US fights a border-crime 'epidemic'
Law-enforcement agencies find new ways to coordinate their efforts to stem the rise of violence on the border with Mexico.
Pima County sheriff Clarence Dupnik expressed his frustration and made a plea for help after a fatal ambush of undocumented immigrants 25 miles south of Tucson last month.Skip to next paragraph
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Two illegal immigrants had just been killed and another injured during what was apparently a botched heist of a drug shipment. It turned out that the pickup truck attacked was transporting 23 illegal immigrants, not drugs, into the US.
"The violence associated with the problem of migration and narcotics ... has reached epidemic proportions," Mr. Dupnik told reporters on March 30. "If we had the money for the kinds of resources that we need, we could make a huge impact on border violence and crime."
As Congress debates a comprehensive immigration program that many say is the only way to deal with the smuggling problems and the violence that it entails, Dupnik's remarks show that those law-enforcement officers and agencies on the front lines are beginning to speak out, unite, and search for their own solutions.
Immigration and Customs Enforcement (ICE), for instance, recently sent a new special agent to lead Arizona's efforts.
"ICE is taking the lead in trying to consolidate the disparate and disjointed efforts – at least on the human smuggling side," says Alonzo Peña, special agent in charge of ICE for Arizona. "One of the initiatives I'm bringing forward with our state, local, and other federal partners is a system to better track and coordinate investigations and intelligence related to immigration in the state of Arizona."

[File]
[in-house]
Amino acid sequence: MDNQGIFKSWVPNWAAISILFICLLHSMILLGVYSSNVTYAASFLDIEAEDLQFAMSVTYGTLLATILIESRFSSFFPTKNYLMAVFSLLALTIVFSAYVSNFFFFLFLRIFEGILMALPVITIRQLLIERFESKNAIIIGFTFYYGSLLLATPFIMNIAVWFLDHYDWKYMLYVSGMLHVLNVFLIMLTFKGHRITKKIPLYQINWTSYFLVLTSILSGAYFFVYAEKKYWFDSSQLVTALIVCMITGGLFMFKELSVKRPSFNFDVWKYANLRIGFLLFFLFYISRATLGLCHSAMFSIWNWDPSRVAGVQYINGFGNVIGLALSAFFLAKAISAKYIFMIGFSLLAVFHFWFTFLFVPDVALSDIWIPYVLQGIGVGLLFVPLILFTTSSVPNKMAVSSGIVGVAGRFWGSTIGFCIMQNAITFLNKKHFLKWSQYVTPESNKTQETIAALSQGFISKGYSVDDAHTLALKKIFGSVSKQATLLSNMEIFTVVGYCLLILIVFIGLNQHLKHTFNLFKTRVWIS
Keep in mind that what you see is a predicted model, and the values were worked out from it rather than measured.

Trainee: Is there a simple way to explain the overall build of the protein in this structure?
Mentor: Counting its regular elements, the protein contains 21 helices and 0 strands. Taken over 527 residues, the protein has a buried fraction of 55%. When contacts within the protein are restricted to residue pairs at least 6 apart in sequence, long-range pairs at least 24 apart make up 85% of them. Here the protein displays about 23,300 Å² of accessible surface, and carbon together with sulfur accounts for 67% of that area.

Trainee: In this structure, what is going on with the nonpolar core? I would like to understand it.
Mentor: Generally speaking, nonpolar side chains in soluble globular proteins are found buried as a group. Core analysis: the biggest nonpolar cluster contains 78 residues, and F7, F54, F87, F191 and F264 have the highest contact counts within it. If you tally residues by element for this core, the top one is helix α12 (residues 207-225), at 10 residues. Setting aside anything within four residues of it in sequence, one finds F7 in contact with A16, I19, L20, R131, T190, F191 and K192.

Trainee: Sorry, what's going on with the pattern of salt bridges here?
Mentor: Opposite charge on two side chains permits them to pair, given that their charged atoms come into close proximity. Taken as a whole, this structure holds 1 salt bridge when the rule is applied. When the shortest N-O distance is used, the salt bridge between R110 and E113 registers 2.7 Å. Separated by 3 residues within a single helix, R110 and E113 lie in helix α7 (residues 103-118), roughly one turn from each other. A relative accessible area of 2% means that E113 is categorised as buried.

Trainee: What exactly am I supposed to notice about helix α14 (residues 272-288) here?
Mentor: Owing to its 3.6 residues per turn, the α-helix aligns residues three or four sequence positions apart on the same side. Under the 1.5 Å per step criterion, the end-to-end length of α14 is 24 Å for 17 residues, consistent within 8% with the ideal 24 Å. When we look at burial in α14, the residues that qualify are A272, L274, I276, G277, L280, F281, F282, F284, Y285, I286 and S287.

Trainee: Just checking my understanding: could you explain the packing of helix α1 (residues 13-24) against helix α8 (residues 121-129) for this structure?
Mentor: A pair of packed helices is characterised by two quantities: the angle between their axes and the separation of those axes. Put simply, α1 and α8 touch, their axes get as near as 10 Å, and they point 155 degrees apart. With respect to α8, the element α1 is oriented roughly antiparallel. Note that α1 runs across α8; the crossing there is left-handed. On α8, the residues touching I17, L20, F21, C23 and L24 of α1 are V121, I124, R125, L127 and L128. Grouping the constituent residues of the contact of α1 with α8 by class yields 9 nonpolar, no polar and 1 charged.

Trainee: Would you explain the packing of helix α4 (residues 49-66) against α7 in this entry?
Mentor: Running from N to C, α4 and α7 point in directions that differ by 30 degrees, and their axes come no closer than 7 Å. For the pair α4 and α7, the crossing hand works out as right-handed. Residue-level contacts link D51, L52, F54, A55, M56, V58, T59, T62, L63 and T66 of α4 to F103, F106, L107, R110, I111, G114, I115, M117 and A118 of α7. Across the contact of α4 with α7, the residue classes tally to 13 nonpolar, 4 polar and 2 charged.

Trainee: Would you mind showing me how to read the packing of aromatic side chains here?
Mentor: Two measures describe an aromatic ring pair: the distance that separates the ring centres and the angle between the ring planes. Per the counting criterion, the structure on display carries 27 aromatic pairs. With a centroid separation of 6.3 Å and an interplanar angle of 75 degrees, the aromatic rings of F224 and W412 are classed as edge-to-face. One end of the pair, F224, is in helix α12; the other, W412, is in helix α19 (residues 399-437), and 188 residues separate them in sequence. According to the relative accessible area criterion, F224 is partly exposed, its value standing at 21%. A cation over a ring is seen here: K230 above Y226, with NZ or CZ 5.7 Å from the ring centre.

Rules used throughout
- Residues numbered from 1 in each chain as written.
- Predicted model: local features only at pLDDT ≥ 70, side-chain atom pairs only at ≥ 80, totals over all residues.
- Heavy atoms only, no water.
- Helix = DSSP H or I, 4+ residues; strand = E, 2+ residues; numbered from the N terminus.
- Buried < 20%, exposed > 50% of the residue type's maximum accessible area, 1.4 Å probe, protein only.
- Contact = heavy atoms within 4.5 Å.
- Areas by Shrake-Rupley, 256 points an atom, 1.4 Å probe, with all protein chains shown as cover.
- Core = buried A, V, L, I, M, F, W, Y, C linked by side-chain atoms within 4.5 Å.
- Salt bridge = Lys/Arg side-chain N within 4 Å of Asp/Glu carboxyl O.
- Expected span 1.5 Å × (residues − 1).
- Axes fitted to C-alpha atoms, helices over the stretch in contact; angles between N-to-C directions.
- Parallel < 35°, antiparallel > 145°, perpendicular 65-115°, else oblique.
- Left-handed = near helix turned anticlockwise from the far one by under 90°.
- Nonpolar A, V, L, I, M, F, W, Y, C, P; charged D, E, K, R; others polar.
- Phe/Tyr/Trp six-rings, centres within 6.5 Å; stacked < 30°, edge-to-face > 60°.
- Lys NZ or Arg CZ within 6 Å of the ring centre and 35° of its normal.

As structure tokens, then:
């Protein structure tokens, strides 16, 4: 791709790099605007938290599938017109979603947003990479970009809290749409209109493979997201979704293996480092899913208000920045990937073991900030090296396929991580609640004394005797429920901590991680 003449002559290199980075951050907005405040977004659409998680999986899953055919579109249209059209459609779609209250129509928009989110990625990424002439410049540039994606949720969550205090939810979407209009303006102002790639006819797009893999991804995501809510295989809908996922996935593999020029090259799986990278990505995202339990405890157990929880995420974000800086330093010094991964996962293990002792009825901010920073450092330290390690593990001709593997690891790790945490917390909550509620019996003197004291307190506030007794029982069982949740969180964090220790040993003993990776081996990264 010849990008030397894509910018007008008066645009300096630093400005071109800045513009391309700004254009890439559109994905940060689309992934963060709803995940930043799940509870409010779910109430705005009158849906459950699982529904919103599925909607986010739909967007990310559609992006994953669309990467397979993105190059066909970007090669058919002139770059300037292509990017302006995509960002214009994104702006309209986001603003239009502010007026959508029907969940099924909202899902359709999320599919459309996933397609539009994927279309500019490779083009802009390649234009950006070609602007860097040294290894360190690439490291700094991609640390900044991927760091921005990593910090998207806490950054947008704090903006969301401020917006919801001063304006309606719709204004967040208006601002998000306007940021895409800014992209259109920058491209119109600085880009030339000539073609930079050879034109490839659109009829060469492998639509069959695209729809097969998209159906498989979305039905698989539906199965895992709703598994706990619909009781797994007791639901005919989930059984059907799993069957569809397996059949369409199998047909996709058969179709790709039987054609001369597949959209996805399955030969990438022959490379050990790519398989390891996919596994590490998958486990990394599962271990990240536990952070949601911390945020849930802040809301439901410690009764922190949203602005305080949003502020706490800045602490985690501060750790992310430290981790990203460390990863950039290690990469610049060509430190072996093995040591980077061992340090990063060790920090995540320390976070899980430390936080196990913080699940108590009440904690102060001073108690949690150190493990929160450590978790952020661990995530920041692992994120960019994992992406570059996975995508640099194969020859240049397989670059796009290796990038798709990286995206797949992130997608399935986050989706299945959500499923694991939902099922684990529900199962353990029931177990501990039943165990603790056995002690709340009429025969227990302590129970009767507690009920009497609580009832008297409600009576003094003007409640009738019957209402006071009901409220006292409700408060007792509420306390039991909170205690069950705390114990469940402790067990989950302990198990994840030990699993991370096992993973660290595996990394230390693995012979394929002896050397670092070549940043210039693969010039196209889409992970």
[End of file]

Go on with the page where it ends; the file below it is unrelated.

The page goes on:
Upon arrival in Phoenix last October, Mr. Peña was confronted with not only combating the highly sophisticated criminal organizations that smuggle more drugs and aliens into Arizona than any other state, but with building workable coalitions with local, state, and other federal law enforcement agencies.
So far, local officials have praised his efforts. He's now in the midst of implementing a three-tiered approach to bring other agencies on the same page and to leverage the resources of each agency so they can conduct more focused and collaborative operations.
Better law enforcement coordination
First, ICE is linking up with US Border Patrol and National Guard troops on Arizona's southern border to make sure the groups share intelligence and investigative efforts about smuggling networks.
Second, ICE is linking up with Phoenix metro area law-enforcement agencies in the central part of Arizona. That's where most of the leaders of the smuggling organizations are based, Peña says, along with the major fake document vendors and funding and support structures for the criminal organizations.
Third, ICE plans to work aggressively and cooperatively with the Arizona Department of Public Safety's interdiction units in combating over-the-road smuggling efforts north of Phoenix – so far, the weakest link in the chain, Peña says. Phoenix is the main hub for illegal immigrants to enter the US.
ICE already has begun entering into what are known as "287G agreements" with several local law-enforcement agencies. These agreements allow ICE officials to train and empower various law-enforcement officials to arrest illegal immigrants, which until recently wasn't possible. If a local sheriff, for example, stopped someone for a routine traffic violation and suspected the person was in the US illegally, the sheriff would have had to call either Border Patrol or ICE officials to make that determination. Now, those law-enforcement officials entering into the 287G agreements can make that determination and cite the individuals for illegal entry into the US.